Agriculture and the National Economy

Topics: Industrial Revolution, Working class, Cotton Pages: 8 (1565 words) Published: March 18, 2013
Agriculture and the national economy

The importance of cotton to the economy

Invention of the cotton gin
Eli Whitney invented the cotton gin in 1793
Revolutionary impact of the gin
It made cotton producing much faster and more efficient
Impact on slavery
It made less work for the slaves, and it made the cotton much easier to work with Encouragement of westward migration
It was encouraged to grow cotton westward because there was more land and it was more fertile. Cotton became a crucial component of the national economy. Cotton became an important export
From the mid 1830s - 1860, cotton accounted for more than half the value of all exports in the nation. The westward movement
Changes in land laws

Land law of 1820
A national law that lowered the price of all land after the panic of 1819 Preemption Act of 1830
Squatters could stake out claims ahead of the land surveys and later get 160 acres for $1.25 per acre Graduation Act of 1854
An act that stated that all prices of unsold lands would be lowered in stages over 30 years 4.Development of improved iron plows

Jethro Wood invented the iron plow in 1819, which would make plowing fields much faster and more efficient

5.Cyrus McCormick's mechanical reaper

A device invented by Cyrus McCormick in 1831 that made the harvesting of wheat much more efficient

Transportation and the national economy

Opening new roads

As settlers moved west, people demanded better roads for smoother traveling. Roads were opened to stagecoaches and wagons.

Water transport

In the early 1820s, people started to use water travel such as steamboats, flatboats, and canal barges because it was a cheaper means of transportation.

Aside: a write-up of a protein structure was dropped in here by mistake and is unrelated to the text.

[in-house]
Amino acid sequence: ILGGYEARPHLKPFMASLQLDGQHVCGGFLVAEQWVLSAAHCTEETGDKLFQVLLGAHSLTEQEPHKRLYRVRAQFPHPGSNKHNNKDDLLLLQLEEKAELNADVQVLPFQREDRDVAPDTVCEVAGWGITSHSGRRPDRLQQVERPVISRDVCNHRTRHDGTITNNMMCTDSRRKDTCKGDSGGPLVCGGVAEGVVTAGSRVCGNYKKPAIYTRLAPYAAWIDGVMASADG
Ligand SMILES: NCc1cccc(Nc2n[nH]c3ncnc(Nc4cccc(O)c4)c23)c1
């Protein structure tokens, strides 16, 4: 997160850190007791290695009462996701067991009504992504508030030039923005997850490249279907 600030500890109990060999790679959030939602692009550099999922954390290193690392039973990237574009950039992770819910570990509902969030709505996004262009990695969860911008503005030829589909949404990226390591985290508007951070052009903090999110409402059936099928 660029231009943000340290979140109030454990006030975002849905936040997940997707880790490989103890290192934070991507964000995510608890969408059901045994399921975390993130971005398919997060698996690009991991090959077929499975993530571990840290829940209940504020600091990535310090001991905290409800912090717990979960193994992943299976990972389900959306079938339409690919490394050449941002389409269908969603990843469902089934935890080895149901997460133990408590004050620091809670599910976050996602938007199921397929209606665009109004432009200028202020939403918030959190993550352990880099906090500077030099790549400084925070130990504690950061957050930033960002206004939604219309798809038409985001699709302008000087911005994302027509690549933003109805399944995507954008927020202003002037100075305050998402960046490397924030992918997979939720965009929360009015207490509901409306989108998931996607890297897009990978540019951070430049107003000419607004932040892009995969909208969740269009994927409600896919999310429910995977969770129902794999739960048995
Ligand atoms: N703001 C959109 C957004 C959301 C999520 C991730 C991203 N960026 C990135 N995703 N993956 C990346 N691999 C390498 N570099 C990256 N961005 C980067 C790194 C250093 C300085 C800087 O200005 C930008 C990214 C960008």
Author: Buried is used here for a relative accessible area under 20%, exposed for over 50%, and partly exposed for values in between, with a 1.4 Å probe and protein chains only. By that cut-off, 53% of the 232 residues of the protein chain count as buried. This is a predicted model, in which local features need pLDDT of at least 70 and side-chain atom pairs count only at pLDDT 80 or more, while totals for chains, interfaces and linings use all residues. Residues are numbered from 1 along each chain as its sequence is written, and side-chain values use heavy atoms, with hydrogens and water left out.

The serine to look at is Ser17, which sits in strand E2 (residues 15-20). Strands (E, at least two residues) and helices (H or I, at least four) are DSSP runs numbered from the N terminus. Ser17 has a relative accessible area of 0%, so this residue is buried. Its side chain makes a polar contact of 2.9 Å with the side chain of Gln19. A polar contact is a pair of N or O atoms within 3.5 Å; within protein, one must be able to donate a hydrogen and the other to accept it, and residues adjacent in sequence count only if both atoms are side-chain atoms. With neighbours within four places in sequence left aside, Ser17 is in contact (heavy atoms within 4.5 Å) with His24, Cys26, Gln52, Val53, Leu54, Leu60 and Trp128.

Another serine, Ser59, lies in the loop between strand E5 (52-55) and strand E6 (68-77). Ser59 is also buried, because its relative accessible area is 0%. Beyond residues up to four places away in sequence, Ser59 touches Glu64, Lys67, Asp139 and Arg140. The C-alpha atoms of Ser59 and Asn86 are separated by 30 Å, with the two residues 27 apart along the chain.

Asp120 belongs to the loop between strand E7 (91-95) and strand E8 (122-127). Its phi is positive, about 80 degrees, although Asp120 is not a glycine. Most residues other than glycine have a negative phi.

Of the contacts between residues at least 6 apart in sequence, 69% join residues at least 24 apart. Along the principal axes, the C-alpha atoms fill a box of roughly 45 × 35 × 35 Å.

Invented by Robert Fulton, this boat ran on the power of steam Flatboats
Flatboats could not go upstream, so when people went down the mississippi, they would chop up the boats in New Orleans and use it as firewood. The Erie Canal
The canal brought major profits of gold to New York City, and turned towns such as Rochester, Albany, and Buffalo into major commercial cities. It was the longest canal in the world. Development of railroads

Early rail lines

In 1825, the first commercial rail line was opened in England. By1850, there was nearly 30,626 miles of railroads.

Advantages of rail service

The advantages of railroad travel were that it was a cheap, efficient way to transport goods to be sold and shipped across the country.

Clipper ships
Financing internal improvements
State and private funding of railroads

After the panic of 1837, the development and function of the railroads were left up to private investors and state funding to keep the industry going.

Federal land grants to railroads

The federal government extended land grants to lands westward in the hopes that it would become as successful as the Erie Canal.

Communications revolution
Impact of new modes of transportation

The new modes of transportation created new jobs in this booming new industry, and made it easier for other jobs, such as the postal service to function properly.

Delivery of mail

The new modes of transportation made it much easier for mail to be delivered to its destination. Or the postal service offered an “express” service, where riders could mount horses and take the package to its destination that way.

Advances in technology
Emphasis on practical application of science in the United States

The new developments of technology facilitated the growth of our country as a whole in the 1800s. Without the advancement in technology, the morse code would have not existed and we would still be riding horses to deliver messages from place to place.

Examples of the impact of inventions

The invention of the morse code made it so that somebody in New York City could communicate...
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